3.12.2013

A Quartet of Book Reviews

The latest in book reviews...some rather lengthier tomes than usual...


Summerland by Elin Hilderbrand

I fell in love with Hilderbrand's storytelling and Nantucket setting from the first novel of hers I listened to - Silver Girl. I was eager to return to Nantucket, and this title did not disappoint!

Told through alternating points of view, we learn about high school twins Hobby and Penny, golden children of Zoe, friends with Jake and Demeter, ready to take on senior year...until a tragic car accident that takes Penny's life and puts Hobby into a coma. What follows is how the characters - and the island as a whole - come to terms with this shattering event, and all the constellations that revolve around them. This novel has everything - deeply drawn characters, wonderful prose, an engaging number of storylines woven together, and a great setting. I really loved Summerland, and I've already checked out another Hilderbrand novel to listen to - other audiobooks just don't appeal after this one!


The Storyteller by Jodi Picoult

I'm a big fan of Picoult's stories, so of course I was interested in her latest! This was has a present-and-past premise...a modern day baker meets an older German man in a sleepy New Hampshire town, only to have him confess that he is a Nazi who was part of the "Final Solution".

And that he wants her to kill him.

I know, I know, it sounds strange and convoluted, but Picoult makes it work - but where the novel really picks up speed is when the baker's grandmother talks about her experiences in the concentration camps, and Picoult intersects all their storylines so well together.

Though it had the modern element and a bit of a twist at the end, to me, this was absolutely a well-crafted, well-told story of a survivor of the Holocaust - harrowing, fascinating, poignant and painful though the story was. Picoult did a masterful job of providing details and vivid imagery, and I found myself sorry to return to the present story. I wouldn't say it was one of her "twisty-er" works, but still a great story, well-told, thought-provoking and utterly absorbing.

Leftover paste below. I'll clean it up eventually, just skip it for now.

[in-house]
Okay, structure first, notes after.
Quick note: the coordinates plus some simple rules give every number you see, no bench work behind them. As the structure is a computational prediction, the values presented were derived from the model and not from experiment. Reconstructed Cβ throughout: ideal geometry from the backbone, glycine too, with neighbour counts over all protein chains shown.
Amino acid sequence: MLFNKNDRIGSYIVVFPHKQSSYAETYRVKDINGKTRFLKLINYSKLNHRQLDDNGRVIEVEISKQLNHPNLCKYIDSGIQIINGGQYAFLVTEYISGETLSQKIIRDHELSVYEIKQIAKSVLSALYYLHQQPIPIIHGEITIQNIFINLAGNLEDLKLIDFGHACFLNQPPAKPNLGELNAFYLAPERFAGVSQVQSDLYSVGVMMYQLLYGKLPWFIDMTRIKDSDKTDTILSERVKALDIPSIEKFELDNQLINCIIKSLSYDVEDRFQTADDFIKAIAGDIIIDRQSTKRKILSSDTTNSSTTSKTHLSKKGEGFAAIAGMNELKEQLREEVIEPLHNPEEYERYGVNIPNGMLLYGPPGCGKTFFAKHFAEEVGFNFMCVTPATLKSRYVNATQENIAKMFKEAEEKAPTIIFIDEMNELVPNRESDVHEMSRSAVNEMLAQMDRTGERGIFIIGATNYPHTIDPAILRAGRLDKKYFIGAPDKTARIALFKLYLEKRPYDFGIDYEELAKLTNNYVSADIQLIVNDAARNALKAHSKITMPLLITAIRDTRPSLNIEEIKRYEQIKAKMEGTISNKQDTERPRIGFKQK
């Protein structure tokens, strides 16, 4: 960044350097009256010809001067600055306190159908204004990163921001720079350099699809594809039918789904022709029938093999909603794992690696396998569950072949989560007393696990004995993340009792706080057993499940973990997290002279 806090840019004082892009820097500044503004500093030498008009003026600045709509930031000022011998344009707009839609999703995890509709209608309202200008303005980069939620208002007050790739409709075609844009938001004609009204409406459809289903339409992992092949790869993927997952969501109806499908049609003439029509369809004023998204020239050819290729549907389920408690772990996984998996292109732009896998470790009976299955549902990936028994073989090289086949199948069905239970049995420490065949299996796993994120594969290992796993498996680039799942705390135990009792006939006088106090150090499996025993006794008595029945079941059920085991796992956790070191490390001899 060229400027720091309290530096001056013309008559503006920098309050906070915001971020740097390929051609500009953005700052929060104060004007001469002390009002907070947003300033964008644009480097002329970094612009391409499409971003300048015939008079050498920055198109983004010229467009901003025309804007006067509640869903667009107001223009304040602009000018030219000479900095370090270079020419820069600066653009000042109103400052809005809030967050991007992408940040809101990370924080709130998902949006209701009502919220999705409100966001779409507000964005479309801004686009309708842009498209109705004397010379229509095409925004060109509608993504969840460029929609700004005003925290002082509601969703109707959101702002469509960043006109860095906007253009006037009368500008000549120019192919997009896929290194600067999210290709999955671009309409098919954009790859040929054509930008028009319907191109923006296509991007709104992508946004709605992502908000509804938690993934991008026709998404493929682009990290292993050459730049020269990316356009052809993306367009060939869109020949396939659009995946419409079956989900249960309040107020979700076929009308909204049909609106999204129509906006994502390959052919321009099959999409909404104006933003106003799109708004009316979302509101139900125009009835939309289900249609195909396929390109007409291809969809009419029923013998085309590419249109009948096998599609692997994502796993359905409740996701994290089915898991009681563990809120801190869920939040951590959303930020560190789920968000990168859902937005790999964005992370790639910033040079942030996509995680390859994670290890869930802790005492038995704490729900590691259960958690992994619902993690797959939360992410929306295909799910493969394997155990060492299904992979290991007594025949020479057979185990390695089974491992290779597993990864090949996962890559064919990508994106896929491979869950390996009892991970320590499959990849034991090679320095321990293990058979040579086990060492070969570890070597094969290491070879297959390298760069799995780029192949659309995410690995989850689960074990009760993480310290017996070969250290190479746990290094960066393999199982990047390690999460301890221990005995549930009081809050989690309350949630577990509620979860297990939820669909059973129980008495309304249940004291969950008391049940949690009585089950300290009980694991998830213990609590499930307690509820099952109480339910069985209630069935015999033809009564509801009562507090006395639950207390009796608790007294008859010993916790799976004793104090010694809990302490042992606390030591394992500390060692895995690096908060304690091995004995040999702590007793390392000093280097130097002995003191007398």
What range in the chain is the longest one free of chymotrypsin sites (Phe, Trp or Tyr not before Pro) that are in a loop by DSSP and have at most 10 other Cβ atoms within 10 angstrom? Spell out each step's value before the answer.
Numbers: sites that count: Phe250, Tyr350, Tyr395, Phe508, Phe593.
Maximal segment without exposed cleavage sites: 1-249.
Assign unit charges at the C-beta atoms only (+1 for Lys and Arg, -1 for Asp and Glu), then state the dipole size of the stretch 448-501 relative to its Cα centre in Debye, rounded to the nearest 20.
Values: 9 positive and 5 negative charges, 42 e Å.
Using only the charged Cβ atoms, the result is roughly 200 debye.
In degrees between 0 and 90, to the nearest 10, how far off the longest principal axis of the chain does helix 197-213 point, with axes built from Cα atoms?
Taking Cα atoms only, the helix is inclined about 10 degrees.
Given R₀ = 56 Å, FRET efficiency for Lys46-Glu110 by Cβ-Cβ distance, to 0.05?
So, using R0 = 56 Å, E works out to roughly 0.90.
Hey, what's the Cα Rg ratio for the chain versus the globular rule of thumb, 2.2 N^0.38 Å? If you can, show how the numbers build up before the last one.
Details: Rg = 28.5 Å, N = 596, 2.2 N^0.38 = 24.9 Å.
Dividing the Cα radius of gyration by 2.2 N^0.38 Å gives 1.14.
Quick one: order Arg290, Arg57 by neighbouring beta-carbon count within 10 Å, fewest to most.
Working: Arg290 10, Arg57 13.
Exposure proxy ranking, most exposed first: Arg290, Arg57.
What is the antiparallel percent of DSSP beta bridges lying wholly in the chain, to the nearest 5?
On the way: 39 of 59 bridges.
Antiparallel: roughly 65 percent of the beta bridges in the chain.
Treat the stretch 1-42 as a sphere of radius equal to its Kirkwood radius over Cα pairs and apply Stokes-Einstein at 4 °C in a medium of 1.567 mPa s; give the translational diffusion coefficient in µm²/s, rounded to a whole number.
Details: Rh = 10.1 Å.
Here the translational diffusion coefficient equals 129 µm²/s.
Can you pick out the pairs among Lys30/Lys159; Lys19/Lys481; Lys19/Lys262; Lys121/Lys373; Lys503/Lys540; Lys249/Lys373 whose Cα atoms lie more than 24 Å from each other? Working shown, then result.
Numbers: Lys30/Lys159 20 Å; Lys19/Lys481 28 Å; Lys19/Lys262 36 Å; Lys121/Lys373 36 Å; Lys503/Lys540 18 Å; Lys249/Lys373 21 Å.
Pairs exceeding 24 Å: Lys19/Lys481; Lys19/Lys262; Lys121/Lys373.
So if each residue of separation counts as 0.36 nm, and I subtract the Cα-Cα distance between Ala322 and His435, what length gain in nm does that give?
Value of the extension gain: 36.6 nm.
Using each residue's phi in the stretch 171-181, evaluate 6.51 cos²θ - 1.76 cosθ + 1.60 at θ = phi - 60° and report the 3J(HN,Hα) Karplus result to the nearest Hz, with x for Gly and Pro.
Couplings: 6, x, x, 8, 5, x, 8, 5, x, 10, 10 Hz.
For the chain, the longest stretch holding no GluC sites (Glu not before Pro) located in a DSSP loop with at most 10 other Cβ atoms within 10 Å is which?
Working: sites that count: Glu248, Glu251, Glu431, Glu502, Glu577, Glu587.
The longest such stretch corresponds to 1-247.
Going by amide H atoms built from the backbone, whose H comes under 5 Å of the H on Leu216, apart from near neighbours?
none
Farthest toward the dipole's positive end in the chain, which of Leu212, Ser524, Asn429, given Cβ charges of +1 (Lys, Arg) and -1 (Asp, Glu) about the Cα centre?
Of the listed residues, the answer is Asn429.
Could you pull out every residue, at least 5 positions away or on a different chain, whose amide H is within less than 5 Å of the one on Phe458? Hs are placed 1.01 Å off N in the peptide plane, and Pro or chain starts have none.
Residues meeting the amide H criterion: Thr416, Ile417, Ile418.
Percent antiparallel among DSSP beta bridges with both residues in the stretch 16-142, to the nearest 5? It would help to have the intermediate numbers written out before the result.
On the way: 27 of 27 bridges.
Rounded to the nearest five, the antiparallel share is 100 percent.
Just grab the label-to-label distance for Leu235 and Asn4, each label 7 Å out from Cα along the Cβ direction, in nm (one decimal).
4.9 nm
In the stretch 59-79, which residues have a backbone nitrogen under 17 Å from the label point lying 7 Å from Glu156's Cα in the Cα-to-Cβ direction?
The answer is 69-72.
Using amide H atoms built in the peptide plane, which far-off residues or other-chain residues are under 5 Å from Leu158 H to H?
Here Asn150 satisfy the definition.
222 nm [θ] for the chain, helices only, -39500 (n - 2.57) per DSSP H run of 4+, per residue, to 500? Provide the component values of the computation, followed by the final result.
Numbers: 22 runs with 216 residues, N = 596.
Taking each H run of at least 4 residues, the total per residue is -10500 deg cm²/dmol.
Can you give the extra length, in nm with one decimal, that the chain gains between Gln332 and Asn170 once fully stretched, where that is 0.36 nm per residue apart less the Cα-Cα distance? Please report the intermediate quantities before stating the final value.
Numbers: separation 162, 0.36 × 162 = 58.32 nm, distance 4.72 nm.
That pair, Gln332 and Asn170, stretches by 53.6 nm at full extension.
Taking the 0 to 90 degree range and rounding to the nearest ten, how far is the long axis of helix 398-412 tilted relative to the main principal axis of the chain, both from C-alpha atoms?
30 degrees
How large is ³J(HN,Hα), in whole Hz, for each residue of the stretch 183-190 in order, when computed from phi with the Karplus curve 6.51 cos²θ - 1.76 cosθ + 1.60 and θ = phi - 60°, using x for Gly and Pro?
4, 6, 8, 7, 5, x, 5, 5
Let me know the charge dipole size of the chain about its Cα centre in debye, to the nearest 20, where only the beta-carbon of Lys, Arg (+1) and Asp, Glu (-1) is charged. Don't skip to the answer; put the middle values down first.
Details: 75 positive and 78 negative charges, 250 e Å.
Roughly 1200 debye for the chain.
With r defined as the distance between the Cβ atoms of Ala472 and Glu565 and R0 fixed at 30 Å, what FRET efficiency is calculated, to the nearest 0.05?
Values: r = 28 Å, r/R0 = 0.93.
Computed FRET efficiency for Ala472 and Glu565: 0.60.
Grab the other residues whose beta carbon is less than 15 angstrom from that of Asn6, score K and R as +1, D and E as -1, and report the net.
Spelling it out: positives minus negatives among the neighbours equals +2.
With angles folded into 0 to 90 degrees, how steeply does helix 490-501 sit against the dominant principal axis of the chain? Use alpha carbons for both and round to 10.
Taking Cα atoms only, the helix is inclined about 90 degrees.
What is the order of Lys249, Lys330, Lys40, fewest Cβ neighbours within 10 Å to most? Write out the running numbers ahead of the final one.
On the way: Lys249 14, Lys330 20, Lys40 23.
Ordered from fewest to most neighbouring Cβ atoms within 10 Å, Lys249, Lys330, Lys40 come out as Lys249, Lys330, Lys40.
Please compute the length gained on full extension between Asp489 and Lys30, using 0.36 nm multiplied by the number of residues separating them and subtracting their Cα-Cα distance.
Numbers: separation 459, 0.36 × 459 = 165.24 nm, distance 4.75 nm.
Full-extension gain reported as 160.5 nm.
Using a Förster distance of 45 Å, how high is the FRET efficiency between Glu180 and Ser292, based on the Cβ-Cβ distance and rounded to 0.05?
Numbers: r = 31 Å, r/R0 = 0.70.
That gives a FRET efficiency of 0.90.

The Casual Vacancy by J.K. Rowling

I was - and am -  a huge Harry Potter fan. Huge. So Rowling is going to write a novel for adults to set herself apart from the Potterverse? Sure! Count me in!

Gosh, what a disappointment.

I think some of novel (incredibly lengthy without having to be) novel is Rowling setting her cap that this is ADULT - lots of objectionable language and sex, vapid characters and all set in a very grown-up, tongue in cheek country village. Imagine reading about a dozen sets of Dursleys but with lots of f-bombs, inferences to sex and over characterization.

But the biggest problem is...I don't care one whit about any, ANY of the characters. They were impossible to sympathize with, root for, or frankly keep track of, since she introduces a myriad of characters from page one that intersect all over each other, making it hard to keep straight.

I didn't even finish it. Ugh. Back to Harry Potter!

Heads in Beds by Jacob Tomsky

This is one of those "behind the curtain" works of non-fiction I can't help but gravitate to. ;-)

Tomsky was (still is?) an employee of numerous high end hotels, and reveals all the shams and shenanigans that can happen both in and out of the rooms. He reveals ways to get out of charges, what workers think of rude customers, what housekeeping *really* does and how to get the best service. All of this is intermixed with his own journey from New Orleans to New York City, and though vaguely interesting, what the reader will wants is the salacious stuff, not the navel-gazing stuff. ;-)

Vaguely horrifying and totally interesting, as well as a quick read, this is definitely a guilty pleasure book!



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